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The 2014 shipment of mission gifts for Nigeria is loaded and on the way.
Each year the Iowa Nigeria Partnership oversees the collection items such as robes, Bibles, hymnals, beds, examination tables and medical supplies for communities and schools in Nigeria. The sea containers that will travel for weeks across the ocean to Nigeria were also the final destination for the various InGathering kits assembled in churches throughout the Conference and delivered to Conference InGathering sites.
“The kits you prepare here in Iowa will get to Nigeria,” said Beverly Nolte, coordinator of the Iowa Nigeria Partnership.
Roughly a dozen or so people had a hand in loading the contents of two containers on Ash Wednesday, one of the many days this season when winter displayed its lasting grip on Iowa.
“Oh, my goodness, what a day today was!” Nolte said. “We did it - Loaded two containers to go to Nigeria in six hours with a stiff wind and cold temperatures!”
“I know that the lifters and loaders are going to feel some muscles that ache,” she said. “Some feet and fingers will be cold but it's over, well done, and I have to say, thanks so very, very much.”
People from across the Conference assembled for two separate shifts, one for each container, at the site in Pleasant Hill on March 5.
Des Moines, Ankeny, Altoona, Urbandale, Cedar Falls, Bloomfield, Akron, Van Meter, Osceola, Cedar Rapids and Dubuque were all represented.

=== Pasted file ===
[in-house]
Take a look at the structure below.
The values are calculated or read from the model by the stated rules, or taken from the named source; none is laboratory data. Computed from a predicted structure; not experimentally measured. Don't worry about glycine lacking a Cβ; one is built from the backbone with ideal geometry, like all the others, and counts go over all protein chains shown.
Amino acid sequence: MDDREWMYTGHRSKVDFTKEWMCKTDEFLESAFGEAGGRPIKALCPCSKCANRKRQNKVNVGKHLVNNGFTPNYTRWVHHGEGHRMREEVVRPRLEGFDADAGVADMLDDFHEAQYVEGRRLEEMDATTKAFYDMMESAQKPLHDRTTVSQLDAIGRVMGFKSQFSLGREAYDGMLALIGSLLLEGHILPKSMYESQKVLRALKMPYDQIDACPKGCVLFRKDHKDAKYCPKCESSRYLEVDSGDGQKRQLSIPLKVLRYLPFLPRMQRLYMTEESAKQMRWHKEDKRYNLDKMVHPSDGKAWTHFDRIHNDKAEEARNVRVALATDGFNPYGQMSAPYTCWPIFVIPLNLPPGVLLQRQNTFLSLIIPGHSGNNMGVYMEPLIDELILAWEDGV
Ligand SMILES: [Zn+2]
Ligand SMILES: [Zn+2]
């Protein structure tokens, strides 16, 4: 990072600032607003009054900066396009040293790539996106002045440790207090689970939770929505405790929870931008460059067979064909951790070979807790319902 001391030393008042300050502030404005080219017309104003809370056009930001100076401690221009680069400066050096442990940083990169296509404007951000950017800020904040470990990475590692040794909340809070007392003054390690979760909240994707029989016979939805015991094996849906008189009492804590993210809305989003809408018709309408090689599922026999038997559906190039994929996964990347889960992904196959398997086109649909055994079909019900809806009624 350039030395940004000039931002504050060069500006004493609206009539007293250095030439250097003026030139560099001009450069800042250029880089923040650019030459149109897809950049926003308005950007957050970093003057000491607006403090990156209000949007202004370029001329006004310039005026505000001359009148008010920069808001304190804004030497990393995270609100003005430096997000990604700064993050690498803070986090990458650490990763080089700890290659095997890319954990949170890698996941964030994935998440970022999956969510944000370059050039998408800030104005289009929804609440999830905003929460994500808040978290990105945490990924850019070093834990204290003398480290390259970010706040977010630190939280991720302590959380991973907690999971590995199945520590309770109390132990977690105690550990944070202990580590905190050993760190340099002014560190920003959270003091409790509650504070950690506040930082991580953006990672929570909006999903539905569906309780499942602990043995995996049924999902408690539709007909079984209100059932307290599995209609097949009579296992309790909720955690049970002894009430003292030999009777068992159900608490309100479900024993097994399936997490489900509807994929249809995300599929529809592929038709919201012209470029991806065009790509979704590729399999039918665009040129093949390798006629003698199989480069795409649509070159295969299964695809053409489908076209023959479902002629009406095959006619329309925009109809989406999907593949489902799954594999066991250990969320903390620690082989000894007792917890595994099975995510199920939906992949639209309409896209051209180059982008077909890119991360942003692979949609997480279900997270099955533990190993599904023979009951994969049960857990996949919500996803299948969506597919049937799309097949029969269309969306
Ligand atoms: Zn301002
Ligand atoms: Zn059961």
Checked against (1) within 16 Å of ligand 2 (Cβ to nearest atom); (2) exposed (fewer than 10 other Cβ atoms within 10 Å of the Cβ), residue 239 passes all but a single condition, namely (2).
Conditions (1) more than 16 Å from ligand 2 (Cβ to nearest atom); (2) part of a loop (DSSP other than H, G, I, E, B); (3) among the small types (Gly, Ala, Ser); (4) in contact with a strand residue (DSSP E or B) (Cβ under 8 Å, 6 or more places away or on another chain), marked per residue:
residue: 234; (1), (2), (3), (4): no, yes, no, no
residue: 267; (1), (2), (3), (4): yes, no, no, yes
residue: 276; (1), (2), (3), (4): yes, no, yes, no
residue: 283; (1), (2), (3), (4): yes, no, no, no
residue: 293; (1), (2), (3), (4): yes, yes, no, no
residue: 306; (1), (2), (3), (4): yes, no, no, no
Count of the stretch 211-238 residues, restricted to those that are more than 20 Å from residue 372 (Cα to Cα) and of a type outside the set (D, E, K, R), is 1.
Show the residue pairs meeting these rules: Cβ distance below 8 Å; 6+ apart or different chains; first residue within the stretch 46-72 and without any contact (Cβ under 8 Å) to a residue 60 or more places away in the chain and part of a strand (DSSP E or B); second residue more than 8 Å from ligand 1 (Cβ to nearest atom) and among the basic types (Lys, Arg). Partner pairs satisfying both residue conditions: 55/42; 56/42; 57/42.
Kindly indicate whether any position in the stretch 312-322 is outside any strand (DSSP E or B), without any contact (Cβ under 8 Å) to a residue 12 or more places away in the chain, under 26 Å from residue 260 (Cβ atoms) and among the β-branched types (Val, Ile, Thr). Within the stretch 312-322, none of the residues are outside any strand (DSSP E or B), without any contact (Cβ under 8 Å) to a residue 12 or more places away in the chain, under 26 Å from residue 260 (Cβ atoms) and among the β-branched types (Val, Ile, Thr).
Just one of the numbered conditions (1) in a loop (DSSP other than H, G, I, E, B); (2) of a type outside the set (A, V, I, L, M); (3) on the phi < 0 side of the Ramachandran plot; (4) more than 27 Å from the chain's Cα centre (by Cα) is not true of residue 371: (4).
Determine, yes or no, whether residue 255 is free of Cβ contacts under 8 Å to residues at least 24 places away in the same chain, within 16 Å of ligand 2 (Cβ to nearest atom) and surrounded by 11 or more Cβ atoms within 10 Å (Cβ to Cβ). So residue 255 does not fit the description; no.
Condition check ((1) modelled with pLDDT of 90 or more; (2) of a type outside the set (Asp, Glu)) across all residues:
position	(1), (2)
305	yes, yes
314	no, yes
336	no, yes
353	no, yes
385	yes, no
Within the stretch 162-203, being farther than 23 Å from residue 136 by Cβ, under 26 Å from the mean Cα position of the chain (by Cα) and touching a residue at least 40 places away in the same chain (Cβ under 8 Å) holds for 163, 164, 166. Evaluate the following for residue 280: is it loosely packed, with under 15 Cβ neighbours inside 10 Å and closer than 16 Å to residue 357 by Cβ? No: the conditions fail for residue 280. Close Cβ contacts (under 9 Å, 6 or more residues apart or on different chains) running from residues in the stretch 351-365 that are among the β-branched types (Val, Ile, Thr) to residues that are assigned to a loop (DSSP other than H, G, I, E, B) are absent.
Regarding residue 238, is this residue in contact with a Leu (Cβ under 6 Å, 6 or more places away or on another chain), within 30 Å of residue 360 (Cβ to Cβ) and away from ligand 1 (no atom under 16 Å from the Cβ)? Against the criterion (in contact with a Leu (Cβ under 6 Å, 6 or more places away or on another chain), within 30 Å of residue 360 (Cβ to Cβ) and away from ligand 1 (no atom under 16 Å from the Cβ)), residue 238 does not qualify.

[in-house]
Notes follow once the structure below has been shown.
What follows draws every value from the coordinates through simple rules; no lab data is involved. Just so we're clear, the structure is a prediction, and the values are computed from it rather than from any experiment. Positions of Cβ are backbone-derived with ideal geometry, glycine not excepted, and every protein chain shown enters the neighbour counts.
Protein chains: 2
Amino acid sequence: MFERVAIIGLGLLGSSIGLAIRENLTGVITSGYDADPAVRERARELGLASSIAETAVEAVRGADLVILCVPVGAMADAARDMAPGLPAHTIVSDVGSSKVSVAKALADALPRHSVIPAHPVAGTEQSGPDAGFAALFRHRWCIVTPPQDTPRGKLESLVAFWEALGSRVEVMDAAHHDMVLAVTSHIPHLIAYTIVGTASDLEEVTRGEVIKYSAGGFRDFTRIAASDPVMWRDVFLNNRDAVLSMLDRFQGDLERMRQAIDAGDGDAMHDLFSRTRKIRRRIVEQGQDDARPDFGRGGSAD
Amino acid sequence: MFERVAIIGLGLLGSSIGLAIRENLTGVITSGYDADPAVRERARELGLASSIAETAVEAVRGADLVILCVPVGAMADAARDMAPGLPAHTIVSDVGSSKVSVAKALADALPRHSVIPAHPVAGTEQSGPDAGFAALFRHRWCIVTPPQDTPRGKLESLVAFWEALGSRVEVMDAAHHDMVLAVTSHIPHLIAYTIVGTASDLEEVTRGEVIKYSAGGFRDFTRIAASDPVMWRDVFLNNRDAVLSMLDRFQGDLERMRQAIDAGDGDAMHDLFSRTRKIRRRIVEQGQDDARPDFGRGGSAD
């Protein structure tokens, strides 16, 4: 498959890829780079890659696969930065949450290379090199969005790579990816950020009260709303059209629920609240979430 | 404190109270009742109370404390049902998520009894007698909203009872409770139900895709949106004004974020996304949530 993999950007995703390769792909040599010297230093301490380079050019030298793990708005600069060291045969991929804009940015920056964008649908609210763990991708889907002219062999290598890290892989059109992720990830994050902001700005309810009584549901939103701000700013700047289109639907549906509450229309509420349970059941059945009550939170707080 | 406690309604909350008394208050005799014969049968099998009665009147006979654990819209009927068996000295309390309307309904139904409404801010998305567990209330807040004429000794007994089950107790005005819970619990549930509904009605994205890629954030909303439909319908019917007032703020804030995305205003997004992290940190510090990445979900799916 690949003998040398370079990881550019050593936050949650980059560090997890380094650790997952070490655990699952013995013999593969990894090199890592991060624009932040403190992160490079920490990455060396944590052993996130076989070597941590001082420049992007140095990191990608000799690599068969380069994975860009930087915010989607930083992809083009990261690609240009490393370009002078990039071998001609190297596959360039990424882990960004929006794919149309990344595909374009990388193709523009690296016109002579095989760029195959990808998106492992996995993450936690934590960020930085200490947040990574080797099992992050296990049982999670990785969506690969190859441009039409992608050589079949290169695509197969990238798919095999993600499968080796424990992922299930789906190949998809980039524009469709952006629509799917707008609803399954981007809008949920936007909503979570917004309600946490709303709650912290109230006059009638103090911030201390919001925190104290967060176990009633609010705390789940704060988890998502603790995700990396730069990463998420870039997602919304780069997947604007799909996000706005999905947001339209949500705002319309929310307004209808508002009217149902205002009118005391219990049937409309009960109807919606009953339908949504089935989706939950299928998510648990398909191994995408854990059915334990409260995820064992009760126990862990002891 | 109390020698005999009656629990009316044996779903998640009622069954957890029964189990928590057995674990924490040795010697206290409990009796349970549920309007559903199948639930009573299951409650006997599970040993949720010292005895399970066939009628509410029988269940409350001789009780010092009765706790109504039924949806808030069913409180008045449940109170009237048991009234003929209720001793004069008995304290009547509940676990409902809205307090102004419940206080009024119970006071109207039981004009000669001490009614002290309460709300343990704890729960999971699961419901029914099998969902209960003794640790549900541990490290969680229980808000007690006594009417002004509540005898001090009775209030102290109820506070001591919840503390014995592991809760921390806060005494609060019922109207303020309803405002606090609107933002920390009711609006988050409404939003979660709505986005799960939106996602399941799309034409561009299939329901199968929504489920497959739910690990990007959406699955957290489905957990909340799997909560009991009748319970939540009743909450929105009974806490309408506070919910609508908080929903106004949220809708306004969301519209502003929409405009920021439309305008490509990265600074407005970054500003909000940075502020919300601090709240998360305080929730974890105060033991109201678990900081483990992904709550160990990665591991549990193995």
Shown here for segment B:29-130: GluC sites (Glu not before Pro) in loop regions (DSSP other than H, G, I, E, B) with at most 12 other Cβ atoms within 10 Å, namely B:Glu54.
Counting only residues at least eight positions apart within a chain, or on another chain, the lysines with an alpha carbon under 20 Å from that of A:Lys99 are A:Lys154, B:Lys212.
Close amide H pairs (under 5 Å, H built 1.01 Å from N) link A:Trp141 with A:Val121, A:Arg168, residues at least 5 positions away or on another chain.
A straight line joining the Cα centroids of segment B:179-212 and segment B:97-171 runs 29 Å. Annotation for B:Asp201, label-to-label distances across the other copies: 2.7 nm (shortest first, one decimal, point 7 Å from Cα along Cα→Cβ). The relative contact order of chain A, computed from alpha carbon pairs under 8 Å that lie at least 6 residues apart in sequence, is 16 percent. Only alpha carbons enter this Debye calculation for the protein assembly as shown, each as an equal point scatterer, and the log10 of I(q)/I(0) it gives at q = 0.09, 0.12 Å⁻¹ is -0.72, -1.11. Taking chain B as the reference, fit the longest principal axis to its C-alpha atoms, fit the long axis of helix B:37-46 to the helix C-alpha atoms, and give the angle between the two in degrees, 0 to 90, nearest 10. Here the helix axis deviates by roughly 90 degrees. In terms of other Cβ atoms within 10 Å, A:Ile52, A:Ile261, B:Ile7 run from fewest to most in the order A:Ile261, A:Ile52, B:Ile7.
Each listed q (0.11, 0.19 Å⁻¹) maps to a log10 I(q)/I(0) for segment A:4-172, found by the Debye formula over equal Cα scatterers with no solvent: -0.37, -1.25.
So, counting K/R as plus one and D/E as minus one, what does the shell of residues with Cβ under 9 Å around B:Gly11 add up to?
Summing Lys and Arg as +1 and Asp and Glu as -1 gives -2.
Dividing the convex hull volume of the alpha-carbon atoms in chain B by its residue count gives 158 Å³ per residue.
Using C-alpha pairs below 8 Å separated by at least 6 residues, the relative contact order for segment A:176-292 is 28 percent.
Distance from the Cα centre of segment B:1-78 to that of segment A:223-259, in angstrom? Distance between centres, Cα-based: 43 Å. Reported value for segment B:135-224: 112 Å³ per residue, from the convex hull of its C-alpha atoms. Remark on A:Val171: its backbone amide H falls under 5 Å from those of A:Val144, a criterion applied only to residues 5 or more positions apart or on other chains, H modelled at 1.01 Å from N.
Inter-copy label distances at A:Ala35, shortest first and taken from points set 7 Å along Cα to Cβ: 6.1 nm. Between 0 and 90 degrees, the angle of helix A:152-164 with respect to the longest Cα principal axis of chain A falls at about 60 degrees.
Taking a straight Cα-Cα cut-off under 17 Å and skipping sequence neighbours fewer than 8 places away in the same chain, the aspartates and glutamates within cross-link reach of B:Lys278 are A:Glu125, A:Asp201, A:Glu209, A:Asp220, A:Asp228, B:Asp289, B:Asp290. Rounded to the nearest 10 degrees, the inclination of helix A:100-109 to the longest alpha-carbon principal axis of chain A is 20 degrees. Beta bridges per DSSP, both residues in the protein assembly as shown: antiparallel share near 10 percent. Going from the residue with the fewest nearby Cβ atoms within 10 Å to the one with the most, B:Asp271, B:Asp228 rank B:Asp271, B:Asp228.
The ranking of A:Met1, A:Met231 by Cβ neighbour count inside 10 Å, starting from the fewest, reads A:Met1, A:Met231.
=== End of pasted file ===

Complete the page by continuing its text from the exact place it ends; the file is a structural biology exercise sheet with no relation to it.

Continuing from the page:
“We couldn't have done it without all of you,” said Linda Rowe, from Bloomfield United Methodist Church. “Wish we had all of your help in Nigeria too when the temp will be about 80 degrees warmer!”
Donations came from throughout the Conference as well.
“We loaded 504 boxes, items in the east container and 1021 boxes, items in the west container,” said Nolte.
Loading of the first container commenced at 9 a.m.
“We completed the second container at 3 p.m.” she said. “It is quite an undertaking.”
Each one of the loaders made a wonderful effort,” Nolte said. “And we have so many boxes neatly and carefully loaded on their way to Nigeria for use by the United Methodist Church there.”
“It’s a way to help people who are needy and to serve God,” said retired Rev. Dave Higdon, of Salem United Methodist Church in Cedar Rapids.
Rev. Higdon traveled to Nigeria in the early 1990’s and taught school while there.
He assured those who donated items that they would be used well.
Cedar Falls First United Methodist Church is helping to build a medical clinic on the Banyam Seminary campus.
The church had developed a relationship with the seminary and was looking for other ways to help, said member Mark Fransdal.
Construction tools were the church’s donation, along with hands-on loading by Fransdal and Cedar Falls First UMC member Chris Congdon.
The Nigerian government has agreed to provide a medical worker once the clinic is built, a process that will take some time.
Fransdal has not forgotten his first trip to Nigeria a few years ago.
“It was eye-opening,” he said. “I was amazed at about everything I saw.”
The difference in how everything functions in Nigeria is what still astounds him. A group from Cedar Falls First UMC will go to Nigeria in November of this year to help build the clinic.
“I can’t wait to go back and see it again,” said Fransdal.
Ron Turner, of Grandview United Methodist Church in Dubuque, has traveled to Nigeria more than once, installing water systems there.
“It’s a great time,” Turner said. “It’s a good experience. It’s a great blessing.”
The containers are scheduled to arrive in Nigeria on April 27.
For more information on the Iowa Nigeria Partnership, contact Beverly Nolte at 515.266.4186 or Beverly.email@example.com.
Click HERE to view more photos of the Nigeria container loading.